3 Reasons Why Solar Energy Is One of America’s Hottest Industries

 U.S. President Barack Obama speaks at Sempra U.S. Gas & Power's Copper Mountain Solar 1 facility, the largest photovoltaic solar plant in the United States on March 21, 2012 in Boulder City, Nevada. Obama is on a four-state tour promoting his energy policies. (Photo by Ethan Miller/Getty Images)

Ethan Miller/Getty Images

The sun is finally shining on the solar industry. After years of being eclipsed by other renewable energy sources, solar has become hot.

The renewable energy source is enjoying a business renaissance of sorts as generation costs have declined and investments have multiplied in the solar sector. The result has been an increase in solar energy. In the first three quarters of 2014, 3,966 MW of solar capacity was installed in the United States as compared to 2,647 MW a year earlier.

The enthusiasm around solar is not restricted to a specific region, geography, or country. For example, solar energy is one of the few areas in which the Tea Party and liberals in Florida are willing to cooperate. Bahrain-based Terra Sola recently proposed a $3.5 billion solar energy plant in Egypt to develop solar PV technology. China has already stolen a march over the United States in the manufacture and installation of solar panels.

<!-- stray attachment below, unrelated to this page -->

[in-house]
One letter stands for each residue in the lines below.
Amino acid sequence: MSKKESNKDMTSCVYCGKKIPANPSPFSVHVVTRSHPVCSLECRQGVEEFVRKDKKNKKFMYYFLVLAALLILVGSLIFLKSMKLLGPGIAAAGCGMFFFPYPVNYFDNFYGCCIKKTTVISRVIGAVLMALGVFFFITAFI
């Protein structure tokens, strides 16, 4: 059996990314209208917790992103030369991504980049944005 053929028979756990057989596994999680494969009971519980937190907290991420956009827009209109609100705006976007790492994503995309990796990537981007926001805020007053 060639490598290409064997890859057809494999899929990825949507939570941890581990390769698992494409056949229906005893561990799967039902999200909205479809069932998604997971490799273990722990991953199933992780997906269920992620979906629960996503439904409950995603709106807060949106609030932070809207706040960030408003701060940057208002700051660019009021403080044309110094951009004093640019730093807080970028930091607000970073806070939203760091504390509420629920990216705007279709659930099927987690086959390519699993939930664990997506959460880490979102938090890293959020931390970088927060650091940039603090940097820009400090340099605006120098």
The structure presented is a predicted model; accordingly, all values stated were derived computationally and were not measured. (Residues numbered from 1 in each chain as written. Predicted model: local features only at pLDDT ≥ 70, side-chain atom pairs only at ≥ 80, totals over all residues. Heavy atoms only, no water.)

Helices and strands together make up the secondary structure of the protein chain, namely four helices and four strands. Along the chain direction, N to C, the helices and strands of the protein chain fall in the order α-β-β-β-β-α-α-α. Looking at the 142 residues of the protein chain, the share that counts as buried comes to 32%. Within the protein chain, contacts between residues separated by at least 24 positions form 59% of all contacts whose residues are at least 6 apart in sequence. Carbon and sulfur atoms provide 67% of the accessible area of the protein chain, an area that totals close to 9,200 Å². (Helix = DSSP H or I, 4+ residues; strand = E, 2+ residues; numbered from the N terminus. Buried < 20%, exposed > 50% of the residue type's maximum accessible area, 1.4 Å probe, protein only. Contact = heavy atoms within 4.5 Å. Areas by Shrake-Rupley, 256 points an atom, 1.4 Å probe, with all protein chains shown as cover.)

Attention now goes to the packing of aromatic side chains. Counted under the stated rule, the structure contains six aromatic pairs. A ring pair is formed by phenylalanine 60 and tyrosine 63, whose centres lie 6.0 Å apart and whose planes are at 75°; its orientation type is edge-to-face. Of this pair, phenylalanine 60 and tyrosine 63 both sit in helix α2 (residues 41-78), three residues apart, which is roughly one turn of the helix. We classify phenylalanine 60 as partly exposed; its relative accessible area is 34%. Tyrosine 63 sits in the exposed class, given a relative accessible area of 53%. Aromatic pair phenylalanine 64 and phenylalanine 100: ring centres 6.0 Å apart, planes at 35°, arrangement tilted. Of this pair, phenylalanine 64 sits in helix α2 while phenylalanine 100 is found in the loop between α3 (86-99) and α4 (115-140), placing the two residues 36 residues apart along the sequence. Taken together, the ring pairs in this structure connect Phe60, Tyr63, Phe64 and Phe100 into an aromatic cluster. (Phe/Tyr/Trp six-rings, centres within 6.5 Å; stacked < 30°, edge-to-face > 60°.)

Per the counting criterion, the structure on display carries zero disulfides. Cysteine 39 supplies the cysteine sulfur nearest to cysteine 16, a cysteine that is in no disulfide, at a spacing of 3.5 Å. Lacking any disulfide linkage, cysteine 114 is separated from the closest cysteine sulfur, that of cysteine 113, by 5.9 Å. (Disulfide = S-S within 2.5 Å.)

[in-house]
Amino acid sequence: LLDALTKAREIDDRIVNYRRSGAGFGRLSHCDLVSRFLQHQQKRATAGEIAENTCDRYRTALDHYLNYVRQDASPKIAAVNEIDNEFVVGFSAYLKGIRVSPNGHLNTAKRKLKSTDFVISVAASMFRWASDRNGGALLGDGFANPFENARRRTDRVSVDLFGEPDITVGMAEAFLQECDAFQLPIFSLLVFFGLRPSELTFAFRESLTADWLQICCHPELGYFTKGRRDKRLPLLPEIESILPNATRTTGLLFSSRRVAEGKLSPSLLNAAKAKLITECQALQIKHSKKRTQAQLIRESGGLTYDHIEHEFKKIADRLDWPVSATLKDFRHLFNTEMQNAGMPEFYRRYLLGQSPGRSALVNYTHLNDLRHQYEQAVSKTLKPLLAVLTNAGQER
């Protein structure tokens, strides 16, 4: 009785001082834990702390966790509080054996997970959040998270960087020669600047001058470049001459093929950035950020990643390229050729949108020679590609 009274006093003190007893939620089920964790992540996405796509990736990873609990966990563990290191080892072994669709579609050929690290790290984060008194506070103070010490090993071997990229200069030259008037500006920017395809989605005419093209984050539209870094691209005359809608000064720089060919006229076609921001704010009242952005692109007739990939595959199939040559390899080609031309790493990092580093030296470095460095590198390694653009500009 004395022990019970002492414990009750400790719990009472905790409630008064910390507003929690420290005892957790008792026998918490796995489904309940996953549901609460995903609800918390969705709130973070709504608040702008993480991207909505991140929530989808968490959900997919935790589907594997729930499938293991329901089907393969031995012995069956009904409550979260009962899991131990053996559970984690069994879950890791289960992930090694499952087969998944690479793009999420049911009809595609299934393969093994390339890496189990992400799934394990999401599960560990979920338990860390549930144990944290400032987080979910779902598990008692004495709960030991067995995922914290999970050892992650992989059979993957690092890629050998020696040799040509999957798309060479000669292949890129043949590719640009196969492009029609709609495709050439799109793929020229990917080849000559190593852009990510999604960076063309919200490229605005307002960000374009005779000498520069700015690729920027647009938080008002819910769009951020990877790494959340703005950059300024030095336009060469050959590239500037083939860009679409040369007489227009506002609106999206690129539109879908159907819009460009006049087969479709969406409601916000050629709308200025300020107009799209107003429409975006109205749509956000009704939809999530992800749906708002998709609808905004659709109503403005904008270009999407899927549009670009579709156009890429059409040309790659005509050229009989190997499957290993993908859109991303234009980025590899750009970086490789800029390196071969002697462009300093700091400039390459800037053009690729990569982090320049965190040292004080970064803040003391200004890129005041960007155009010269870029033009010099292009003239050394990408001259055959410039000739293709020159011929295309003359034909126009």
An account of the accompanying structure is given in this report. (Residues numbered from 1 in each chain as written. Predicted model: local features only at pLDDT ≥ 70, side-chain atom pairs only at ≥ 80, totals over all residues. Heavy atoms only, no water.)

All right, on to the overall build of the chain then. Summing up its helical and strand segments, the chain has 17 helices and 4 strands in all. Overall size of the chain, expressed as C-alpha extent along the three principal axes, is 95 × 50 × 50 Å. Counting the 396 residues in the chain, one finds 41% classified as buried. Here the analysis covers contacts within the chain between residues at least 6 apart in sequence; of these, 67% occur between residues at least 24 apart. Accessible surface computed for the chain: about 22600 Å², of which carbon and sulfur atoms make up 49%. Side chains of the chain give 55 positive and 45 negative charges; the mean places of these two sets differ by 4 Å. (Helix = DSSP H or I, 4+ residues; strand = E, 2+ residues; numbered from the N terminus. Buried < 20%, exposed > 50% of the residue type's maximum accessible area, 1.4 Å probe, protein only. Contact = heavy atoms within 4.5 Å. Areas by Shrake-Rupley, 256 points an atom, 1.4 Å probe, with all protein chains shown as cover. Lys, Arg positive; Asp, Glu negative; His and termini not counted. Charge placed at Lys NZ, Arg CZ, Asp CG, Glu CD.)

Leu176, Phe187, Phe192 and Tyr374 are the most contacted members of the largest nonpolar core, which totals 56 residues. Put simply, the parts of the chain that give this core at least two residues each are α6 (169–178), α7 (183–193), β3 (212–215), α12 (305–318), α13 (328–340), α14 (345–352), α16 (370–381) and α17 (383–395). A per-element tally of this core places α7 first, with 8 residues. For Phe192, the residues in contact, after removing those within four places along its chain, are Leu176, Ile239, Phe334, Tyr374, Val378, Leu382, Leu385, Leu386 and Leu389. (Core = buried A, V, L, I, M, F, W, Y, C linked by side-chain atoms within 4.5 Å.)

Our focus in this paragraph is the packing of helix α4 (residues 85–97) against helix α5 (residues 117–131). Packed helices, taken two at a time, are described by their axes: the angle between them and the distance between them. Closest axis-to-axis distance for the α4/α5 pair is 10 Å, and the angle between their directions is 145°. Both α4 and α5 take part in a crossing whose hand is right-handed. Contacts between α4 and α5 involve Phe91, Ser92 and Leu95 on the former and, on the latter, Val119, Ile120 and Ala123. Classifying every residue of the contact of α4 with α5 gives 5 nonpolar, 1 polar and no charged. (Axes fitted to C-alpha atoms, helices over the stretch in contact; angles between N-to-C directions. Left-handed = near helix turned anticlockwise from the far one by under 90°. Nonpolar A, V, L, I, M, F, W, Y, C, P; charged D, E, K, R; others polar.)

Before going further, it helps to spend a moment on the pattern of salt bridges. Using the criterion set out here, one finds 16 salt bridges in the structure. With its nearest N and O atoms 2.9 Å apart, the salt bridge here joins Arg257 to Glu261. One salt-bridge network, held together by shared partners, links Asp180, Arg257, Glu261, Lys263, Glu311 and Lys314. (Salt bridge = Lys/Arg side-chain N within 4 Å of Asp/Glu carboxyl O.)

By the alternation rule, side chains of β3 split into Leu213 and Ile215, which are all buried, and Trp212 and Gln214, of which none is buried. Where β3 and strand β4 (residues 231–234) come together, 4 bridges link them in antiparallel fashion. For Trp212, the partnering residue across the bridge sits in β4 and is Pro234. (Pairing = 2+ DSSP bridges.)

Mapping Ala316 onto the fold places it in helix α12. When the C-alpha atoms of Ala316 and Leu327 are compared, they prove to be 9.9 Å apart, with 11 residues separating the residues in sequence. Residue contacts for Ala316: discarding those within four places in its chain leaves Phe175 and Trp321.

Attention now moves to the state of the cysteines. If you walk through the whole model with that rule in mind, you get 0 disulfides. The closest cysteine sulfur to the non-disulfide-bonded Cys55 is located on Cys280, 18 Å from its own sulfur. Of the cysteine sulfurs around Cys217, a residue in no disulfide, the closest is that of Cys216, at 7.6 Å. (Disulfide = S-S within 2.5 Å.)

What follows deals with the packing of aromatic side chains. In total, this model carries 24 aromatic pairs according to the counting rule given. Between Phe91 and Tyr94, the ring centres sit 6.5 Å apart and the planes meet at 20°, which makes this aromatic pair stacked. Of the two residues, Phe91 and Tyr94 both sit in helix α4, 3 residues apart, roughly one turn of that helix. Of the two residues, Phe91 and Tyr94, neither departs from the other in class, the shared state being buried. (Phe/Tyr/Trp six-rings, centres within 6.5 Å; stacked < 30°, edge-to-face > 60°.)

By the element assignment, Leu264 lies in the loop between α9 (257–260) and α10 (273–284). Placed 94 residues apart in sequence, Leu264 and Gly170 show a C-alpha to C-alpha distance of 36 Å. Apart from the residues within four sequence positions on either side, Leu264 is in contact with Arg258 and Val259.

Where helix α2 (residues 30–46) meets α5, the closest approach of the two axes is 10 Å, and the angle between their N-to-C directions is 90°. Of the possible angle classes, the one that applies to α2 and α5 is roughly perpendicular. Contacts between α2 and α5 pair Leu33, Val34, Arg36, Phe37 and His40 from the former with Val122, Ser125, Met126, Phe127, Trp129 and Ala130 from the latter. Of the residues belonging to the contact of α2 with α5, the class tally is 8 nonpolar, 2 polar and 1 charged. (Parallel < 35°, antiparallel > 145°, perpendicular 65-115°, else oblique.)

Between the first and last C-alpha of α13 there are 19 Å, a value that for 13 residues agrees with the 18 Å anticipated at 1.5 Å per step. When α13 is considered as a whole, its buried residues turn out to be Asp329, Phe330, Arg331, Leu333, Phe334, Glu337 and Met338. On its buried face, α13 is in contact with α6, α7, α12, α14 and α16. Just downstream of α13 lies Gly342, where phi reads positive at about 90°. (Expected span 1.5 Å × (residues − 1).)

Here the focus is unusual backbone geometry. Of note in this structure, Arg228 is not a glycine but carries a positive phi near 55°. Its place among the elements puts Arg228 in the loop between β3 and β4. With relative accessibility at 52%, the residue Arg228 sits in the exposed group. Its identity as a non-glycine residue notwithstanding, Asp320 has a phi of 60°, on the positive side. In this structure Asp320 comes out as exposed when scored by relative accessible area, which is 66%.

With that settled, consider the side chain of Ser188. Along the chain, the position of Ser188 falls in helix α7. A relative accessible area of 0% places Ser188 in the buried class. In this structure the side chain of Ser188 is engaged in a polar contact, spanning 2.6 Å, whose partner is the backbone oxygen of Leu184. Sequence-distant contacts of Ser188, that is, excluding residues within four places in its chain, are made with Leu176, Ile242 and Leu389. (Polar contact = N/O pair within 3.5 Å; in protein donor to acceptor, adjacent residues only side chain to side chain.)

China’s neighbor India, which recently signed an agreement with the United States during President Barack Obama’s visit to the country, is catching up fast. At a recent conference for renewable energy, American solar panel manufacturer FirstSolar promised to install 5GW solar capacity in the country. Incidentally, this number is greater than solar capacity in the United States.

So, what is the reason behind solar energy’s popularity? Here are three reasons:

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